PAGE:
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EnglishEdit

EtymologyEdit

Borrowed from Latin cōnfectus, past participle of cōnficere, from com- (together) + facere (to make). Akin to comfit. See also confection.

PronunciationEdit

VerbEdit

confect (third-person singular simple present confects, present participle confecting, simple past and past participle confected)

  1. (transitive) To make up, prepare, or compound; to produce by combining ingredients or materials; to concoct.
    The woman confected a home remedy for the traveler's illness.
    The young bride's friends confected a dress from odds and ends of fabric.
    • Stirling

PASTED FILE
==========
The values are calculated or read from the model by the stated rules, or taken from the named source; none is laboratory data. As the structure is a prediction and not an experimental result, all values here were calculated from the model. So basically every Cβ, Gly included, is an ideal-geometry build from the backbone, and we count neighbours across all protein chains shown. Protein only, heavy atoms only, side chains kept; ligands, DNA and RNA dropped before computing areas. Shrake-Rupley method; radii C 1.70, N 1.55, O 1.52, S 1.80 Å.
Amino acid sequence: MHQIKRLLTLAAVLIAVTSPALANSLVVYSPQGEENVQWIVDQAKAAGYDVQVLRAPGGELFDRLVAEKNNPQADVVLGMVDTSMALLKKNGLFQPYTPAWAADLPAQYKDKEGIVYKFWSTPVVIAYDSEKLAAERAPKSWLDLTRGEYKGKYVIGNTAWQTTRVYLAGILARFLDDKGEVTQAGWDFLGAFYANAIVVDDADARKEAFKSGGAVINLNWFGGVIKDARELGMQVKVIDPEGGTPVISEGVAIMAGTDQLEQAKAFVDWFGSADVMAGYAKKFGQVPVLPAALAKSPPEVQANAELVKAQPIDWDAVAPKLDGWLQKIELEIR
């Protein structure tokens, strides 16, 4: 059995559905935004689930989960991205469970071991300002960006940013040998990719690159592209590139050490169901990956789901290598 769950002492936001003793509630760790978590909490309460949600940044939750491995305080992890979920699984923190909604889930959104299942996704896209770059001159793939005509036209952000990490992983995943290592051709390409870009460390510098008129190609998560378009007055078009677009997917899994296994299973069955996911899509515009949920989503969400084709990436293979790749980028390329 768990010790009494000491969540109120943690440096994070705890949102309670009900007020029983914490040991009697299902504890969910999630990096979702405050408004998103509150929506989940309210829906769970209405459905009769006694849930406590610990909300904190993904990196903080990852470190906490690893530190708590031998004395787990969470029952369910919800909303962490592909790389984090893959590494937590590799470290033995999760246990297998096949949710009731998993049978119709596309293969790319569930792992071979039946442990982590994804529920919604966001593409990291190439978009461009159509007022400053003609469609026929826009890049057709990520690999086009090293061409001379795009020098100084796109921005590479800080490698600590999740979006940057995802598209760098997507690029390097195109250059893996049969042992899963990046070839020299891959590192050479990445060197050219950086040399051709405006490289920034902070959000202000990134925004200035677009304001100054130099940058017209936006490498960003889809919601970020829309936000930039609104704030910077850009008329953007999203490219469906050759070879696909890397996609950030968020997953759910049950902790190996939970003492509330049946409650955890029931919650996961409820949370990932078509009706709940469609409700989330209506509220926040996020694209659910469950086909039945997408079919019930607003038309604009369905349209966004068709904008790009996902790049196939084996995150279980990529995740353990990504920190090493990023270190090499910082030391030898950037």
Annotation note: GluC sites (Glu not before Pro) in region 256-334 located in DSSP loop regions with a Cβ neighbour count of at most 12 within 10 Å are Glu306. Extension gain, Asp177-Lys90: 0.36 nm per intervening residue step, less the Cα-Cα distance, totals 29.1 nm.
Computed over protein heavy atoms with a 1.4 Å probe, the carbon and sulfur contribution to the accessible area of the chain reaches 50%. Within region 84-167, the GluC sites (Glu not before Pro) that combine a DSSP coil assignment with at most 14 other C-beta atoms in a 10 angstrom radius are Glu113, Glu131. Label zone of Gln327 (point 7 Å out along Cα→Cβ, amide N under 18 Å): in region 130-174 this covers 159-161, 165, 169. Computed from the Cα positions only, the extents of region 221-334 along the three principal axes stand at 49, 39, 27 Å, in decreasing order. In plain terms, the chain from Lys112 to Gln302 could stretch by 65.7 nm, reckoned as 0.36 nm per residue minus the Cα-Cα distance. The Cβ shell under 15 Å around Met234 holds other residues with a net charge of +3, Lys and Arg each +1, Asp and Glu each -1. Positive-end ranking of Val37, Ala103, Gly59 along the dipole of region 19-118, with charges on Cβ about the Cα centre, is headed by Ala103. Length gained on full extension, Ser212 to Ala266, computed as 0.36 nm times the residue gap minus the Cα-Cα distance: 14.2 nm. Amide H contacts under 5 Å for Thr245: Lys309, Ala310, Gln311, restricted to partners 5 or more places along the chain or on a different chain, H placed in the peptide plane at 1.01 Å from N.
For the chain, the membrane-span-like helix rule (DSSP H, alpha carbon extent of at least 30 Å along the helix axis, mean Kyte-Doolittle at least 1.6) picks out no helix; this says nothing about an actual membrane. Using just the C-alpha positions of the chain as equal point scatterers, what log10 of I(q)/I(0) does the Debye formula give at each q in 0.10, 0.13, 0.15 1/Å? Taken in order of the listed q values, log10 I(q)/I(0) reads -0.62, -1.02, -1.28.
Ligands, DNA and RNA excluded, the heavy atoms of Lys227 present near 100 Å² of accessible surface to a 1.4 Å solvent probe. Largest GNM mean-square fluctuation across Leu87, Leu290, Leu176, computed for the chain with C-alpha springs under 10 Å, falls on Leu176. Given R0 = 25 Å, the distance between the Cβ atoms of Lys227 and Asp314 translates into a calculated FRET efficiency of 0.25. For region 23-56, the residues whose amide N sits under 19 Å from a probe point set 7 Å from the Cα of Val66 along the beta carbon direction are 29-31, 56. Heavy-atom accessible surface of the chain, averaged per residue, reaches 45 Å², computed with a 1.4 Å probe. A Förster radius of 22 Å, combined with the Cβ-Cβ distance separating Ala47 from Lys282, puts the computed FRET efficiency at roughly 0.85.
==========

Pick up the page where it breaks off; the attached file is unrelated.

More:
[My joys] are still confected with some fears.
    • 1629, Sir Thomas Herbert, Travels in Persia
      Of this were confected the famous everlasting lamps and tapers.
  2. (transitive, obsolete) To make into a confection; to prepare as a candy, sweetmeat, preserve, or the like.

NounEdit

confect (plural confects)

  1. (obsolete) A rich, sweet, food item made of flavored sugar and often combined with fruit or nuts; a confection, comfit.
    • Harvey
      At supper eat a pippin roasted and sweetened with sugar of roses and caraway confects.
    • 1889, Arthur Conan Doyle, Micah Clarke, Chapter 1
      She made salves and eyewaters, powders and confects, cordials and persico, orangeflower water and cherry brandy, each in its due season, and all of the best.

Related termsEdit